Gooch objected to my suggestion that Mary was probably as much a foul-mouthed pirate as any buccaneer, and said he was trying to avoid the "pirate" stereotypes. "Historical distortion? There's quite a lot . . . I don't mind anachronisms . . . I've avoided any attempt to historicize the period because we don't know what colloquial speech was like at the time." (We do in fact have a thorough record of thieves' cant used in the 1720s.) Also, he said, "I don't think I'd be qualified to speak about lesbianism."

Our short interview was amiable and pleasant, but proceeded in such a way that when I left he said "So you're going to tell everyone not to come and see the play?" Not so. The play is not meant to be a documentary, but a "vehicle" for certain issues which concern feminists and others, and it seems to work very well on its own terms. It is an exciting and colorful play of Social Commitment, and there is no reason why gay people should not enjoy a rousing play about non-gay feminist pirates as much as anyone—or is there?

SOURCES: Charles Johnson (pseud. Daniel Defoe?), A General History of the Robberies and Murders of the Most Notorious Pirates, 1724; Charles Ellms, The Pirates' Own Book, 1837; Philip Gosse, The History of Piracy, 1932; Neville Williams, Captains Outrageous: Seven Centuries of Piracy, 1961; Alfred Sternbeck, Filibusters and Buccaneers, 1930; David Mitchell, Pirates, 1976; Susan Baker, "Anne Bonny & Mary Read" in Women Remembered, ed. Nancy Myron and Charlotte Bunch, Diana Press, 1974; C. J. S. Thompson, The Cruel Mysteries of Sex, 1974; and History der Engelsche Zee-Roovers, 1725.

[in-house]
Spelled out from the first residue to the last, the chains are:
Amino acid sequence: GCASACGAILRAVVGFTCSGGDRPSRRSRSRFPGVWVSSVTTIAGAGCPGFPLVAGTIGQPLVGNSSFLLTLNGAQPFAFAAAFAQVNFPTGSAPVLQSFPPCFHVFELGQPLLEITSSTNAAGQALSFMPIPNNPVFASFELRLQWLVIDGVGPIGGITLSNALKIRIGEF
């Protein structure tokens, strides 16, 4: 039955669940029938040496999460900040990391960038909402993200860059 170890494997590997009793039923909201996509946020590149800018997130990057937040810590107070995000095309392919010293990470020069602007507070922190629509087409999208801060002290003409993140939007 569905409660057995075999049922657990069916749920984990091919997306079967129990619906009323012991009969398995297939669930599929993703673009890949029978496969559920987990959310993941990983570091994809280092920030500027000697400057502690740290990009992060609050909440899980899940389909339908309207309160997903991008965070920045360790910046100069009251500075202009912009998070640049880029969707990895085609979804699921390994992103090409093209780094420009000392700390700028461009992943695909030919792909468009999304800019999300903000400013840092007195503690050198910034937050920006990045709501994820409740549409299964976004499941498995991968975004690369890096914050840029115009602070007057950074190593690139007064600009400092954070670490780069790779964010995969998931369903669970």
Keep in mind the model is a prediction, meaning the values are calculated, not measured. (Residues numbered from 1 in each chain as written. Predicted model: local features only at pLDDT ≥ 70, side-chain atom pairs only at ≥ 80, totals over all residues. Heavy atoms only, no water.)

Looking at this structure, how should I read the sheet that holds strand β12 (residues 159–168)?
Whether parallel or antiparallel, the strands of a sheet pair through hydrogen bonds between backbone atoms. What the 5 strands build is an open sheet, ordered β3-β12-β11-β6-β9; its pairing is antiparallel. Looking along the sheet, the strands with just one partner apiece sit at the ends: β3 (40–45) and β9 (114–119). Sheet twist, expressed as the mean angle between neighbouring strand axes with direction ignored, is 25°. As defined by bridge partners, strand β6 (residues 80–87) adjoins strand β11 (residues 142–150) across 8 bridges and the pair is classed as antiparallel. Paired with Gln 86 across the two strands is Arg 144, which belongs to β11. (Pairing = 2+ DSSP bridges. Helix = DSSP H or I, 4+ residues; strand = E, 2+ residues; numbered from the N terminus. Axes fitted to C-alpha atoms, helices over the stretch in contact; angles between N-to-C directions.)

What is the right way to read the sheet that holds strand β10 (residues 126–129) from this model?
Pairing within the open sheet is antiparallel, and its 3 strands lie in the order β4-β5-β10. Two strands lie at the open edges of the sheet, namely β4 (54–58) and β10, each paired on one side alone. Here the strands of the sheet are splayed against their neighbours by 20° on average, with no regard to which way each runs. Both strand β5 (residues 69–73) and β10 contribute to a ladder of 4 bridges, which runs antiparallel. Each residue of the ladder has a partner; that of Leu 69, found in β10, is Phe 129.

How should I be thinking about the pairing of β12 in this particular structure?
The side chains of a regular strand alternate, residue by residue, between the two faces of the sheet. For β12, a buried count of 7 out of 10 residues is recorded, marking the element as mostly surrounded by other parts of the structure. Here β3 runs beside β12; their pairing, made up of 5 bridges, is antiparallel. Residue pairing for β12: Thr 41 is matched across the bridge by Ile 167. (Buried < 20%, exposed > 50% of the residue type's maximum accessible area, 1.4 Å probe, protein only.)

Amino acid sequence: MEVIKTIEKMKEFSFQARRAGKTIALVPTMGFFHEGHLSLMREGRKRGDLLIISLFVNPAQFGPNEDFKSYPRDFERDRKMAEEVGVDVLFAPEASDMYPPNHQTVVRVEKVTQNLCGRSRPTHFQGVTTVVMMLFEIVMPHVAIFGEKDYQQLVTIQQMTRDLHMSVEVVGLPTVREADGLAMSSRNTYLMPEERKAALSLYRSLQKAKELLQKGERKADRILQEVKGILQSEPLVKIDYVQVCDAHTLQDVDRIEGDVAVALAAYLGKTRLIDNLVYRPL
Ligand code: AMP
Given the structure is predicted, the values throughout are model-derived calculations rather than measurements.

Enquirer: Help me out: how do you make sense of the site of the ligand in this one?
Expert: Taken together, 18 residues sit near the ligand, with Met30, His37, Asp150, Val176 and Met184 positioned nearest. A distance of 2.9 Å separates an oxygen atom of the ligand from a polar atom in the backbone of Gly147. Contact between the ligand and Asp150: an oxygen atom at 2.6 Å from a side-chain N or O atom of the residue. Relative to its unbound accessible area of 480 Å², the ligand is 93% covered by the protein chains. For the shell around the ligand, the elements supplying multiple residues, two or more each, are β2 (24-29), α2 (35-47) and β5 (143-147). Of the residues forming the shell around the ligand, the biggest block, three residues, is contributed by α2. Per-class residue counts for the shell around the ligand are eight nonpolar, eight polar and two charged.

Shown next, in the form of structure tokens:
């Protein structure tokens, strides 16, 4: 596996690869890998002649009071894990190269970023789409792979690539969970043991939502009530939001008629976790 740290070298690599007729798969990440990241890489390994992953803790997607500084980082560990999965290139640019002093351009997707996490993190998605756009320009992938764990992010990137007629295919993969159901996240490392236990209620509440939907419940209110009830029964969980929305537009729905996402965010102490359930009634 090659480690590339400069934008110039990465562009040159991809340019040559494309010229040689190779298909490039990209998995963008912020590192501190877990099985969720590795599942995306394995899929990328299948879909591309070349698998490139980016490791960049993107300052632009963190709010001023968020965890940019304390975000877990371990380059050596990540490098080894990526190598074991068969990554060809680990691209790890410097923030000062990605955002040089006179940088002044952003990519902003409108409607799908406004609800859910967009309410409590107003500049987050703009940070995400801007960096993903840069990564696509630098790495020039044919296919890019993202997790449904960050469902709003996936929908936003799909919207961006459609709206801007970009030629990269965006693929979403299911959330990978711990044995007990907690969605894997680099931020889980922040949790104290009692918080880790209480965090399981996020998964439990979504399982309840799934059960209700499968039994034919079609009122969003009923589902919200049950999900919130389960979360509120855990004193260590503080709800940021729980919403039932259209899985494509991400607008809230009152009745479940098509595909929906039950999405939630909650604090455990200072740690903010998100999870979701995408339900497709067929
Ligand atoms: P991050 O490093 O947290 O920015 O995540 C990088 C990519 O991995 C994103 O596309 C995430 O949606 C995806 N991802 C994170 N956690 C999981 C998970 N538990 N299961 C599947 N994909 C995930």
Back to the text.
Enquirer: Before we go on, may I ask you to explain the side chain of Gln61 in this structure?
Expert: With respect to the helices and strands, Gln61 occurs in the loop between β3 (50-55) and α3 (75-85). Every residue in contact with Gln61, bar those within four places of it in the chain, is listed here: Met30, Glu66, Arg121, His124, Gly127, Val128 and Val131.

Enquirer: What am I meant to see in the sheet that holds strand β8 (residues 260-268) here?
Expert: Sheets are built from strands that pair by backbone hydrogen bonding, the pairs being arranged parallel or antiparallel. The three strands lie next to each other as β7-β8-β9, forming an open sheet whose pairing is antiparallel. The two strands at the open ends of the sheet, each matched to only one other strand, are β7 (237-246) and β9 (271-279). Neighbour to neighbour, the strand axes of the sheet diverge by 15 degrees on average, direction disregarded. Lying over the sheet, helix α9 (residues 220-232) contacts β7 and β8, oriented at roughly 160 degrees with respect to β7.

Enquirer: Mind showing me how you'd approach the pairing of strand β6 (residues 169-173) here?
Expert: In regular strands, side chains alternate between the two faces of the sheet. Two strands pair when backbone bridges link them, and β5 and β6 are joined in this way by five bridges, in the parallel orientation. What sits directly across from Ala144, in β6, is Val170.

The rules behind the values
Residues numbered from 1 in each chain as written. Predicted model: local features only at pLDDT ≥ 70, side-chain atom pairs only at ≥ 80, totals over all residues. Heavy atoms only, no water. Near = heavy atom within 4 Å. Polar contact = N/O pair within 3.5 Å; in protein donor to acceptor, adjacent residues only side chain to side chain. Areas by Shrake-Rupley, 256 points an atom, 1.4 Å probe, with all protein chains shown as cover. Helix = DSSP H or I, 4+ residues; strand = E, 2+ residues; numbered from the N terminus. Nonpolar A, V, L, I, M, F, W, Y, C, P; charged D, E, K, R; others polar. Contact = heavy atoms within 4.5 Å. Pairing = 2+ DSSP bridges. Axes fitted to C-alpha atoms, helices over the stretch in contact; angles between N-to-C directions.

Copyright © 1997, 1992, 1978 Rictor Norton

CITATION: If you cite this Web page, please use the following form of citation:
Rictor Norton, "Lesbian Pirates: Anne Bonny and Mary Read", Lesbian History, updated 14 June 2008 <>.